Are your teens getting enough sleep?

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GRAND JUNCTION, Colo. (KKCO) -- With early high school start times, many teens juggling jobs and after school activities may not be getting enough sleep before they start their school day.

According to the Centers for Disease Control adolescents, 10 to 17 years old need 8 1/2 to 9 1/2 hours of sleep every night.

Many high school students have jobs, participate in extracurricular activities and sports, making it difficult for teens to get sufficient sleep and roll out of bed in the morning to go to school.

Chelsea Hammond is a senior at Central High School and had a hard time working a part-time job during the school year.

“It was really rough and I wasn’t getting a whole lot of sleep. I didn't have a late release and I'd get in the habit of sleeping in and missing class and it just was really bad," said Hammond.

Grand Junction High School principal, Jon Bilbo, sees students come to school overtired.

“Lethargic behavior in the classroom, ya know some take naps and some aren't particularly healthy- over the long run because they're not getting enough sleep," said Bilbo.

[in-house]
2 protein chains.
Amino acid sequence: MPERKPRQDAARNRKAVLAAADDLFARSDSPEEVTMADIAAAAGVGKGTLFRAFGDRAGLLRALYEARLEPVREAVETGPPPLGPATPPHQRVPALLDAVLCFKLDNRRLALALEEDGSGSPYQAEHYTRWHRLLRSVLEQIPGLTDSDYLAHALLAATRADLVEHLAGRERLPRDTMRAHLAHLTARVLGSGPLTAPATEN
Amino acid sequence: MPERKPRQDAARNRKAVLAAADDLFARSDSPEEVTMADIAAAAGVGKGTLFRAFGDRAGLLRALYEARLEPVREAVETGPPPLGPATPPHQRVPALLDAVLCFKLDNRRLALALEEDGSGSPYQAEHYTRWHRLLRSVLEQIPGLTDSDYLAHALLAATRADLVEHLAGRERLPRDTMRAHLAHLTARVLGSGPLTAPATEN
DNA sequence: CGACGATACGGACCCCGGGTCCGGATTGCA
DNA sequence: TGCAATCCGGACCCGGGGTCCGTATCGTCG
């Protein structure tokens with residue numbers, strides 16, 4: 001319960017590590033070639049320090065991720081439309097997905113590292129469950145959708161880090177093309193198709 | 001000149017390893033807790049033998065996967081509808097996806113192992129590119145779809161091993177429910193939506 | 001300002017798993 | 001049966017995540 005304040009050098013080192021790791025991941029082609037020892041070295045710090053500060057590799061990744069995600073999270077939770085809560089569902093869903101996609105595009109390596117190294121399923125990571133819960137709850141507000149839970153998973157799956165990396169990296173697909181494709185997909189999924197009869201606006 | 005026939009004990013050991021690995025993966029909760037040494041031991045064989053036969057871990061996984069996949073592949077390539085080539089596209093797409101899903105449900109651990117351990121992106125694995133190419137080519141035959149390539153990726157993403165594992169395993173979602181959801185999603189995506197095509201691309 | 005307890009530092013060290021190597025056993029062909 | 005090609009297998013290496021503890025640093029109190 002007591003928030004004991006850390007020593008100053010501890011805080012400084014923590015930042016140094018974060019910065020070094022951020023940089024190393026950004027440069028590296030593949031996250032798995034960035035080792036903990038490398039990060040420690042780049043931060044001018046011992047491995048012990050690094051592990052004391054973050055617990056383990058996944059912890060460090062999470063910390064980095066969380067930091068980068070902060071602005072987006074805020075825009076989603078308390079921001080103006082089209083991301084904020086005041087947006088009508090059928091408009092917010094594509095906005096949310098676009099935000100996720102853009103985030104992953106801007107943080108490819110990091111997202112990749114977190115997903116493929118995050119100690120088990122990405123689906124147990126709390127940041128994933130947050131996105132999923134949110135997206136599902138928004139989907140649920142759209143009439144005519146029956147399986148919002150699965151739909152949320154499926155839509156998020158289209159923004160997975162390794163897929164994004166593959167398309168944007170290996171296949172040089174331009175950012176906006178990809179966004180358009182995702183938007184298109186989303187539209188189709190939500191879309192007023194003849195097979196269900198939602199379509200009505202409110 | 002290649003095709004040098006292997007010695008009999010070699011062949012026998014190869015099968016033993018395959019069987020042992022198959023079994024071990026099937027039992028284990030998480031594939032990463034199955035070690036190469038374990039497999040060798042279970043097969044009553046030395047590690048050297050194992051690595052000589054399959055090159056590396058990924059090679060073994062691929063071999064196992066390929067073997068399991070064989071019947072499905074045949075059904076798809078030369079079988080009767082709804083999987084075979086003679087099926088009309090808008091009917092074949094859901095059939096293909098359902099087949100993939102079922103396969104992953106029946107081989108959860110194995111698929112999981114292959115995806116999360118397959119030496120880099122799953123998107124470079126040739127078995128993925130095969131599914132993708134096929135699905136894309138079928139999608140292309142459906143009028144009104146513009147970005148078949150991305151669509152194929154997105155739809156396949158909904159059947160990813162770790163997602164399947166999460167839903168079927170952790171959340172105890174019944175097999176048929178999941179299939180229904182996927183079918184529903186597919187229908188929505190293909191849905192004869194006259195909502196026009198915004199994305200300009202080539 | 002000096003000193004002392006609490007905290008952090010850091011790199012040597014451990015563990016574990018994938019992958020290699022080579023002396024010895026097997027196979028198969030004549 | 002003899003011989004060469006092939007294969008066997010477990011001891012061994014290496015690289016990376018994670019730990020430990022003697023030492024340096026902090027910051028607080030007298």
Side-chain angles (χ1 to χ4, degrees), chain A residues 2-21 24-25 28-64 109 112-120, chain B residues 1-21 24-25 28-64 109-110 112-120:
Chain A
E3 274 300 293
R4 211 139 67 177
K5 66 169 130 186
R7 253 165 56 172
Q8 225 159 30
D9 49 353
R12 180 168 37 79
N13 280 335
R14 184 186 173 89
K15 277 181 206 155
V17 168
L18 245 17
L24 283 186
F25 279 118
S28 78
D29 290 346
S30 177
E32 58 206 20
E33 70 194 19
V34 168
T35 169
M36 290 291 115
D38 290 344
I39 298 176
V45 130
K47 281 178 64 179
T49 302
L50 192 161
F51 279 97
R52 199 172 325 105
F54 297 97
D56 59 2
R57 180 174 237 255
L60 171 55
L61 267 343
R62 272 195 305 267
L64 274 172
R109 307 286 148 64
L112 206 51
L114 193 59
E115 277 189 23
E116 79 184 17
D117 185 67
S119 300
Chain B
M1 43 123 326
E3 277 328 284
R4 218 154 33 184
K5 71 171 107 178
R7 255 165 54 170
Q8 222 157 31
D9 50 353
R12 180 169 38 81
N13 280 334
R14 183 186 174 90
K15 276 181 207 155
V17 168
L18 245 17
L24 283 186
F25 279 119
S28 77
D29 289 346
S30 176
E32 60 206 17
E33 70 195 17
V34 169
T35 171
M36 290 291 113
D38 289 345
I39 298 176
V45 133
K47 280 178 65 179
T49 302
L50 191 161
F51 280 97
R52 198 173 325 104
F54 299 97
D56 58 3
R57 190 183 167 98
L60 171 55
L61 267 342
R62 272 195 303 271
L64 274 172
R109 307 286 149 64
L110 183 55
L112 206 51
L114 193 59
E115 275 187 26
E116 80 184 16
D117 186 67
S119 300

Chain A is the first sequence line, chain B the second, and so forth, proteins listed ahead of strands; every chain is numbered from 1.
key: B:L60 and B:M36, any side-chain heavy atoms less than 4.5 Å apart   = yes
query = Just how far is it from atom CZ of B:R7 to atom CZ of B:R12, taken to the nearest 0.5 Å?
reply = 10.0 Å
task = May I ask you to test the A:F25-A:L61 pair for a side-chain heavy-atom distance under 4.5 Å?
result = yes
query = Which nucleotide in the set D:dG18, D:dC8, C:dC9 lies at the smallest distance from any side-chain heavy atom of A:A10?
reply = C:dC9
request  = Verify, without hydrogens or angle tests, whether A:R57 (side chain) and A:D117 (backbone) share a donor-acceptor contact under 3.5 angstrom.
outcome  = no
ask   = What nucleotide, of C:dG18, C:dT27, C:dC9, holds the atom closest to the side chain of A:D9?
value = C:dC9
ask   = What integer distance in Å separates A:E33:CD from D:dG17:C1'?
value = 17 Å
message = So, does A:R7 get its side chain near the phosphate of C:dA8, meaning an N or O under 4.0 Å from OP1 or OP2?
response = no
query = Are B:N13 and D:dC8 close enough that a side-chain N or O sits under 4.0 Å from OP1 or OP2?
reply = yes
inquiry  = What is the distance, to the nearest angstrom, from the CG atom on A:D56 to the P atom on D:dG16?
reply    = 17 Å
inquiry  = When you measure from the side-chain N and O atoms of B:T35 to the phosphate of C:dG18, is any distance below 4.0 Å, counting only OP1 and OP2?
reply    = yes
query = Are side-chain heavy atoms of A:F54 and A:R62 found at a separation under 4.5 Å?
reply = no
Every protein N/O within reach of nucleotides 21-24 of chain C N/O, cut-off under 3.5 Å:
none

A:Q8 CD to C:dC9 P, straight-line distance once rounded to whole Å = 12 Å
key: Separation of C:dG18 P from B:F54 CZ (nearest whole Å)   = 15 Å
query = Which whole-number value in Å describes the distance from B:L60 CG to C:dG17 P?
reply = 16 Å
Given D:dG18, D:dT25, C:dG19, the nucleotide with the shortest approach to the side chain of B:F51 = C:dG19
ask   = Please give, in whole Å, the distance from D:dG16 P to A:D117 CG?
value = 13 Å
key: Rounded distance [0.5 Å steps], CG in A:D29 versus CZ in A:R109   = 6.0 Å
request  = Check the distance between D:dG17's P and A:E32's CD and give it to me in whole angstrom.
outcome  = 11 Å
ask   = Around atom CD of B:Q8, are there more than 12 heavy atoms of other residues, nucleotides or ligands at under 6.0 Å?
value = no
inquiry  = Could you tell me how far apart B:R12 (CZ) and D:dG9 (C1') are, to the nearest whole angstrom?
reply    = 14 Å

After school activities can fill a student's schedule as well. Tristan Brown is a sophomore at Central and her school day doesn't end at the sound of the bell.

“Marching band after and then any other activities that may fall with that, like back to school night I had to work a booth for marching band and then Mondays I have to work bingo in order to raise money and then that goes until 9-9:30 p.m." said Brown.

Many high schools start before 8:00 a.m., but a non-profit, called "Start School Later" is advocating high schools should start later so students can sleep in.

However, there are many extracurricular activities that would be affected.

“If you said okay we're going to start school at 9 o'clock and go till 5 o'clock, well then you're extending the school day, pushing the co-curricular programs back even later; which would really adversely affect sports and other outdoor type activities like band," said Bilbo.

The cycle of being tired in school may just be a part of the busy schedule of students and the choices they make when it comes to getting the CDC's recommended hours of sleep. Principal Bilbo says he and his faculty try their best to work with students’ variant schedules.

“From a sleep perspective, we try and focus on what we have control over, which is the way we help kids schedules and try and help them meet their needs," said Bilbo.

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